After a period of spurning our cities, we are again becoming an urban nation.
For years, investments in highways, malls, and residential developments were focused on the suburbs. The infrastructure of America’s great historical cities, so often mired in fiscal difficulty, was left to decay.
Today we are seeing a resurgence of the urban spirit. We have woken again to the social benefits of city life. We appreciate the exchange and innovation, the cultural vibrancy, and the economic and environmental benefits of compact living. Large-scale development projects are underway in the city centers and city governments are again spending on urban infrastructure.
There is no doubt that years of underinvestment has left us with a degraded urban infrastructure. The landscape can be depressing, but in reality what we have before us is the opportunity of effecting a massive urban renaissance.
This inevitably prompts a fundamental, and potentially uncomfortable, question: Do we as a society still know how to build great cities?
Certainly we have engineers, planners, architects and developers highly qualified in their respective professions. But rebuilding a city requires much more than the skills of these specialists. To build a great city, a deeper, more comprehensive force needs to coalesce these sectoral capabilities. When we consider how things are being done today, it is hard not to suspect that we have lost something of the art and a practice of making great cities.
If we look for historical precedent, one extraordinary case springs to mind: Paris.
The French capital was comprehensively rebuilt in the mid-nineteenth century. Although this may seem distant, the large-scale urban transformation launched at that time remains a case study of successful citymaking with lessons that are surprisingly relevant today.
The rebuilding of Paris aimed to make the city fit for the needs of a modern, industrialized society. It was an enormous undertaking: over the seventeen years of the Second Empire (1853-1870), what was known at the time as the “grands travaux de Paris” absorbed a proportion of French GDP that would equate to 245 billion dollars today.
So, in the midst of such an ambitious program of urban modernization, what did the Parisians of the nineteenth century get right that we can use today?
The practical problems that Paris faced were if anything more daunting than those that we face. Nineteenth-century Parisians faced an insufficient supply of drinking water that spread disease and prompted a high rate of infant mortality. The street infrastructure was completely insufficient for a modern city with massive new train terminals and an increasing number of fast-moving carriages (and, later, cars). Vast quantities of housing needed to be built for the waves of people moving to the city. Modern amenities we take for granted like sewers, public transportation, street lighting and a gas network were only beginning to emerge.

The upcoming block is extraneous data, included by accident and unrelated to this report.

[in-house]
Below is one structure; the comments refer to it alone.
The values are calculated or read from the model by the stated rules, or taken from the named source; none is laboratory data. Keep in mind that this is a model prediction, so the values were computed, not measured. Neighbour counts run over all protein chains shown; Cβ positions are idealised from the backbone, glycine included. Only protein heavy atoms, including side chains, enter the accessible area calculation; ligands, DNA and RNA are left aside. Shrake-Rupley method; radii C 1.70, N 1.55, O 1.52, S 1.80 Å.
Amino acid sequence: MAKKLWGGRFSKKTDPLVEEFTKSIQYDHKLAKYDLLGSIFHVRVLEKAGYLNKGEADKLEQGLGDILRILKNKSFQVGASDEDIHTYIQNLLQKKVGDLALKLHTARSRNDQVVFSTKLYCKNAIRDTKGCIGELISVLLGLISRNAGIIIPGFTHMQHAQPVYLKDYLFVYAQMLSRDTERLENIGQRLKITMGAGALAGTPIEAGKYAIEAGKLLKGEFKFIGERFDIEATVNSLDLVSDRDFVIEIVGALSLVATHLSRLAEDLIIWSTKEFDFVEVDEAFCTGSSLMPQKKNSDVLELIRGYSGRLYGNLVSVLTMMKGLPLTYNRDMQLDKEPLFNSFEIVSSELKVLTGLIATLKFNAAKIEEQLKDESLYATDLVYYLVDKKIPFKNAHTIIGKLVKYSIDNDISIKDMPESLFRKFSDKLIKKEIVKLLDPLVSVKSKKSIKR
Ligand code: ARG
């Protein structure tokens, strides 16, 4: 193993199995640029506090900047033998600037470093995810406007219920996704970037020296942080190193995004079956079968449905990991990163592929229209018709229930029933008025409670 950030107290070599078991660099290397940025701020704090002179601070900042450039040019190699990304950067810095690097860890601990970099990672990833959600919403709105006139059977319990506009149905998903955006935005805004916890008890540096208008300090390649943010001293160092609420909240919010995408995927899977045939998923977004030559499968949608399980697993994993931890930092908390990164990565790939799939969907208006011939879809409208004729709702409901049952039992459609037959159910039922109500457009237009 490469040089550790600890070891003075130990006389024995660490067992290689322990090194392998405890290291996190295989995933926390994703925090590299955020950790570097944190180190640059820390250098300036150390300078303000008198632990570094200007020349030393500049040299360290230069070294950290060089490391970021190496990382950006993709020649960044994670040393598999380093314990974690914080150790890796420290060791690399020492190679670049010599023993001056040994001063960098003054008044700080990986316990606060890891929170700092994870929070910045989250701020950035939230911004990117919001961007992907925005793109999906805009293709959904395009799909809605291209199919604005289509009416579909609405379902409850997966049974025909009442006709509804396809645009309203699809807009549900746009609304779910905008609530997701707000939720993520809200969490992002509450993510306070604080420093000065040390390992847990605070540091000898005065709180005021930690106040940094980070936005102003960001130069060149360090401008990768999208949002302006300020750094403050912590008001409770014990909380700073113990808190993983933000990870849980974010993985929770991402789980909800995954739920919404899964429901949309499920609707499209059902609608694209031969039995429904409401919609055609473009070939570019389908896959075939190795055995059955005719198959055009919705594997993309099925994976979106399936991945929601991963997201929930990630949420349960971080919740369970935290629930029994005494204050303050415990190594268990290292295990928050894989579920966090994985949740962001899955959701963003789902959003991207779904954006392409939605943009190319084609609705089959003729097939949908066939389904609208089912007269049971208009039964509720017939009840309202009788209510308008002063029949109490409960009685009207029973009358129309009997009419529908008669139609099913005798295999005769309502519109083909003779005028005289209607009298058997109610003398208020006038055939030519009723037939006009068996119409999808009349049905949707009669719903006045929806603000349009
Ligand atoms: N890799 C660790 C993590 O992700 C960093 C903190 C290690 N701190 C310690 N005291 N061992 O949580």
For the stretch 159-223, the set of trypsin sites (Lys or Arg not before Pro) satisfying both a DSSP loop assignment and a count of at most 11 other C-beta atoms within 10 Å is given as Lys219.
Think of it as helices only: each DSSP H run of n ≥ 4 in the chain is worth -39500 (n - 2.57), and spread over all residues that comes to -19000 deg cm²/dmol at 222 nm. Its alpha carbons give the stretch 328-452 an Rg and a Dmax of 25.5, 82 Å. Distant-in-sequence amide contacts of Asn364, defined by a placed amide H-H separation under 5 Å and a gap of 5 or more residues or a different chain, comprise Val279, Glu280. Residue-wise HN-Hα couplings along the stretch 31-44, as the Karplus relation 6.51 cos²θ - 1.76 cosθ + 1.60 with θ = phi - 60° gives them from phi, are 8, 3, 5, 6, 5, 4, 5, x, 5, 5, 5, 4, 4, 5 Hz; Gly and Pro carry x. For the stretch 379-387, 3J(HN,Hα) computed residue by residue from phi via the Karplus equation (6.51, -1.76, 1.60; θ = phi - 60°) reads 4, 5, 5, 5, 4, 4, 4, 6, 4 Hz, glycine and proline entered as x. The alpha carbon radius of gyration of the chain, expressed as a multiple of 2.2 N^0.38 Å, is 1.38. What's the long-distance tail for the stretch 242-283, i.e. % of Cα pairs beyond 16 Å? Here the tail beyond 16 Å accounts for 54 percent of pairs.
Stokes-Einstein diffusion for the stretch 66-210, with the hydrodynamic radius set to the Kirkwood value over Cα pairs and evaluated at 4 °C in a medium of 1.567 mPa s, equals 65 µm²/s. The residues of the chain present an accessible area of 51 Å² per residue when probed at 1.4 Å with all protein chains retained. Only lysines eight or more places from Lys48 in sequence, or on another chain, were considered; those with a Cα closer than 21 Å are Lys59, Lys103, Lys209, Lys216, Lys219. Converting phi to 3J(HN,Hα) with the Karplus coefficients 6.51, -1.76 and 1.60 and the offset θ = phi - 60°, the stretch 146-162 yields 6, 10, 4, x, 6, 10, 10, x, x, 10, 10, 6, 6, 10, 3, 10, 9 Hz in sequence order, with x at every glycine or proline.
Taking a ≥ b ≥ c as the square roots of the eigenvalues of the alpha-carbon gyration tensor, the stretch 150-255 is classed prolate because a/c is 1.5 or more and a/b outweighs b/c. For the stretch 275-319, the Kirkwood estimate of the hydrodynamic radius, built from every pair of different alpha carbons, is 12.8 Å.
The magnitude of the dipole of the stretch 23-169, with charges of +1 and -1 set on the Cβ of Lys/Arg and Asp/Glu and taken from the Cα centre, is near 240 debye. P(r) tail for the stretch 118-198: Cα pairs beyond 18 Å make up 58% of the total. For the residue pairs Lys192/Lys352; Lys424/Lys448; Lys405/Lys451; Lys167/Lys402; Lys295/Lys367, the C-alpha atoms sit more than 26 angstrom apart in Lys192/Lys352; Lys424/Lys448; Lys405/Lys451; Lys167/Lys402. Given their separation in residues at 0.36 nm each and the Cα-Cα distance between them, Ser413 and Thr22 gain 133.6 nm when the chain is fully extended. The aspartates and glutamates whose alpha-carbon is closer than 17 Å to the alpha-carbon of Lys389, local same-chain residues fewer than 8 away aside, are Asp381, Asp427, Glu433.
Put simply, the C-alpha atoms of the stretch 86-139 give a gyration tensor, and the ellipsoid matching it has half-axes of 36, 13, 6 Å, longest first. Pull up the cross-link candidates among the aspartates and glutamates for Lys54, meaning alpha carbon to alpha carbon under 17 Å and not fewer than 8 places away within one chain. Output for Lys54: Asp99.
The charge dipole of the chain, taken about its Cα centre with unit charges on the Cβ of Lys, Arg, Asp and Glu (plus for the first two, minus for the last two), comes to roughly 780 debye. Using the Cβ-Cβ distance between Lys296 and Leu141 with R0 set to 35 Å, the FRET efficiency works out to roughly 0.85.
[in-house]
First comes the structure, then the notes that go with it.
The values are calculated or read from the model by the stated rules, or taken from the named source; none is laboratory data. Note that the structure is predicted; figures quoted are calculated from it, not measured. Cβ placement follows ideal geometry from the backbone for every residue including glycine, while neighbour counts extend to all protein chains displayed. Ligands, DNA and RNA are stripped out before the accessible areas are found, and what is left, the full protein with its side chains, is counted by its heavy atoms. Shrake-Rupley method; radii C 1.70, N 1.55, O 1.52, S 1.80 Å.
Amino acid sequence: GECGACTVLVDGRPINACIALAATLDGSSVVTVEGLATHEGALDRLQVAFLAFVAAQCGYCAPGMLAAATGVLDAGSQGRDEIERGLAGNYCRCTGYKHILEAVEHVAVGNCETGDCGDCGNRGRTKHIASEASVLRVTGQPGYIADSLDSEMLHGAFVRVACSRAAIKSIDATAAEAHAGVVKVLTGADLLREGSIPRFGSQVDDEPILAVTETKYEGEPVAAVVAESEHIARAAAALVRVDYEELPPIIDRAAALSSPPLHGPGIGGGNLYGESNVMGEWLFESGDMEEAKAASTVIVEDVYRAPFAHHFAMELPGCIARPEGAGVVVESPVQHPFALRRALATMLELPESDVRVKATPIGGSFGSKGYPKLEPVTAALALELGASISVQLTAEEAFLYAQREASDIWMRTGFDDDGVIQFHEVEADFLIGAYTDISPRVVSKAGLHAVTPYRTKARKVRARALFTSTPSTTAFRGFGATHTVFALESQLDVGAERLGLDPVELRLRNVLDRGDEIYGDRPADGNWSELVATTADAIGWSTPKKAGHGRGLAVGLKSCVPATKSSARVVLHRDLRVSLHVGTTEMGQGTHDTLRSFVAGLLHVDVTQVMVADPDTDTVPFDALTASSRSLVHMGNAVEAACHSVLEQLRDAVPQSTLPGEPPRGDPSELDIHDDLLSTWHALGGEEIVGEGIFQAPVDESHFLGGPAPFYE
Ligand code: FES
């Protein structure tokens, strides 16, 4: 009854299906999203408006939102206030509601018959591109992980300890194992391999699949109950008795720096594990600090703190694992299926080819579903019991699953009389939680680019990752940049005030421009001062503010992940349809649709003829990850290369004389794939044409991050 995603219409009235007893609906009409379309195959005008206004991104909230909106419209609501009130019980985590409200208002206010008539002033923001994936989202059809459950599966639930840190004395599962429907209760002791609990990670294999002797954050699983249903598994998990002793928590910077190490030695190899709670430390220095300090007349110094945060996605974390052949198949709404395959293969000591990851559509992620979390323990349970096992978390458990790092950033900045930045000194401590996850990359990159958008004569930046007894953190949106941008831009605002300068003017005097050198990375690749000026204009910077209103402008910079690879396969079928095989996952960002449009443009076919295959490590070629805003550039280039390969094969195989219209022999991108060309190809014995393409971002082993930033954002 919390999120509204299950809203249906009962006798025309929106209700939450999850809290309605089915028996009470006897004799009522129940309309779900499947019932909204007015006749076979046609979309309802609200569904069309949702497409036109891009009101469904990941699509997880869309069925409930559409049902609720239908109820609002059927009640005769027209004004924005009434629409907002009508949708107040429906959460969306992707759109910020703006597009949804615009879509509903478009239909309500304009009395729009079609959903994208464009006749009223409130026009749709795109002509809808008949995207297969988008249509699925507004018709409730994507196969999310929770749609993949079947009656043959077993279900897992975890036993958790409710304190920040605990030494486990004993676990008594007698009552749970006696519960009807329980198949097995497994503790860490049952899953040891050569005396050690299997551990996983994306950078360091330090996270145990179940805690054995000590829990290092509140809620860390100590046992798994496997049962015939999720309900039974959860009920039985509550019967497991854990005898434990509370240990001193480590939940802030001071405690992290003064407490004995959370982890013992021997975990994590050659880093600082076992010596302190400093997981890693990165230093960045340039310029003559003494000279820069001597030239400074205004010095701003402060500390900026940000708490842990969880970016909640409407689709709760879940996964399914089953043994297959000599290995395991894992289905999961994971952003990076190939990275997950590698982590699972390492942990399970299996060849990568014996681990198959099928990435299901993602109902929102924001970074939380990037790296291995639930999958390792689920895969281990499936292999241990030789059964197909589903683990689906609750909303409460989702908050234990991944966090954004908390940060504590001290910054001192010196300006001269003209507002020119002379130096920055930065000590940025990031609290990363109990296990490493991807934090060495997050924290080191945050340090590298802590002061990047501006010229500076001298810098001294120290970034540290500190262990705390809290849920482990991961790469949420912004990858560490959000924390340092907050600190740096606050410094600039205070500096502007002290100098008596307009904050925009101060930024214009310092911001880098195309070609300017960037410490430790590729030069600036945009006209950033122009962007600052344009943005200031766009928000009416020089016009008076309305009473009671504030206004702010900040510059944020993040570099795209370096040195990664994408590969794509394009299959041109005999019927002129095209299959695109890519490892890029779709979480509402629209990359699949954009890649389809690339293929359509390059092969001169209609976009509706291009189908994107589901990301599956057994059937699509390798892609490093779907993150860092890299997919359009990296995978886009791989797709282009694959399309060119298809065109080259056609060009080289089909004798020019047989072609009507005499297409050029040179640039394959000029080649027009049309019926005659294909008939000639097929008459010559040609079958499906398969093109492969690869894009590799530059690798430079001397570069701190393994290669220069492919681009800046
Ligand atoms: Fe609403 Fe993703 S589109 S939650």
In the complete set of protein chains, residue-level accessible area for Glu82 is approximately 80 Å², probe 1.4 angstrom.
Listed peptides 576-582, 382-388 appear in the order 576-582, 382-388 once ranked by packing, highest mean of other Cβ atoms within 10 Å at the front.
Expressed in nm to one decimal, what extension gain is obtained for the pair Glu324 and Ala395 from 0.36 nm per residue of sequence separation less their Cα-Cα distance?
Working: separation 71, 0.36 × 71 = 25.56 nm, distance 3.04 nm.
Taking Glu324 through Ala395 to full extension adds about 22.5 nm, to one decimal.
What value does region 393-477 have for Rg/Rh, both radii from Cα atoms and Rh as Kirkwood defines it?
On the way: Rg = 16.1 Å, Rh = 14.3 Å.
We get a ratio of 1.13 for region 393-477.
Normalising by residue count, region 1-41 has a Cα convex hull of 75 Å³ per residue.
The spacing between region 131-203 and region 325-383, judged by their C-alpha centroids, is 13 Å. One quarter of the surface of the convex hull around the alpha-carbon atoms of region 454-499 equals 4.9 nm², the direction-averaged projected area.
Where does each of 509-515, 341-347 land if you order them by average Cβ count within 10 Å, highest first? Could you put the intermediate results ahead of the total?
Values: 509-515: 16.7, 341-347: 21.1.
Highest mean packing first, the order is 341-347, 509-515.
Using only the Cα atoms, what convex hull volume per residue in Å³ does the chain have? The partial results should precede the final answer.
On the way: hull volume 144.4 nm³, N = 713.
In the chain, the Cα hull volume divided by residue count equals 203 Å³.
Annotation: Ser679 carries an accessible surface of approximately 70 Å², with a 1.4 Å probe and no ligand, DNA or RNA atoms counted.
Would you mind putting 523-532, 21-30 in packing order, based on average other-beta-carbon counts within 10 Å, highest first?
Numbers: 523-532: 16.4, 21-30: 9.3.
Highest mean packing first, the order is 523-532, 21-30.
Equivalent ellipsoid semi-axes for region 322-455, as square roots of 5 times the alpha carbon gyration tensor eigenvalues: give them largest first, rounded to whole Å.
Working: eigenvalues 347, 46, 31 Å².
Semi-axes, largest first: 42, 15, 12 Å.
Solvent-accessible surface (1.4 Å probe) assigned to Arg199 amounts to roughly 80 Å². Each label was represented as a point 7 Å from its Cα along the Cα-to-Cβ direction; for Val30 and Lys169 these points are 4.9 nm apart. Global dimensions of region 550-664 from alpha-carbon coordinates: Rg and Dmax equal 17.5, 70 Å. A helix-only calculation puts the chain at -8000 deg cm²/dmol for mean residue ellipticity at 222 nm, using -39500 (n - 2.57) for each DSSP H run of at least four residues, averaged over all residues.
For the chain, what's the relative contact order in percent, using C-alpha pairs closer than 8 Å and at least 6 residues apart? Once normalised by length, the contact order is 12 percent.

These pressing challenges could have led to a purely technical answer. But Paris’s leaders had the clairvoyance to see that rebuilding the city equated to much more than responding to each of these engineering needs.
The leaders’ explicit goal was to build a city that Parisians would be proud of and could enjoy, a city that would express the nation’s highest cultural ideals. They wanted the new city to draw people from around the world thanks to its beauty, comfort and attractions.
At the inauguration of the boulevard de Sébastopol in April 1858, Napoléon III stated that the grands travaux should allow Paris to “answer to its highest destiny.” “When future generations will cross our great city,” he said, “they will acquire the taste of beauty through the spectacle of these works of art.” The city would not just be practical, it would be infused with meaning.
It is striking to note how frequently the leaders of the time referred to future generations. They saw their actions as bequeathing a cultural legacy to their children and their children’s children.
How very different from the language we hear today, dominated by financial considerations. While a twenty or thirty-year time horizon may make sense for an investor, it evacuates the fact that a major urban project will last much longer, that its impact on the city will be distilled over many generations. Parisians can thank their forefathers’ farsightedness every day, even though the benefits we enjoy figured in no return-on-investment calculation.
Napoleon III understood the civic meaning of his urban project. He organized celebrations for the opening of every new boulevard, park and monument, with parades, fireworks, and dancing into the night. He wanted Parisians to take pride in the city that was emerging, to see it as their own. The importance he attached to the grands travaux in turn guaranteed that everyone involved in it, from civil servants to architects, held themselves to the highest standards.
Although there is plenty to criticize about the Second Empire rebuilding of Paris, it would be hard to argue that it did not create a city so successful as to have become iconic.
We need to take the positive lessons of the Parisian precedent by adopting the same vision and ambition for our own cities. We need to avoid piecemeal optimization, not losing sight of the fact that the city is more than the sum of a great many parts. We need especially to act on the idea that beauty and meaning is not a luxury that is overlaid onto the city, but something that is inseparably incorporated into each of the gestures that make the city.
The more we remember these lessons, the more we will come close to leaving for our children’s children cities that they will cherish and for which they, in one hundred and fifty years, will want to thank us every day.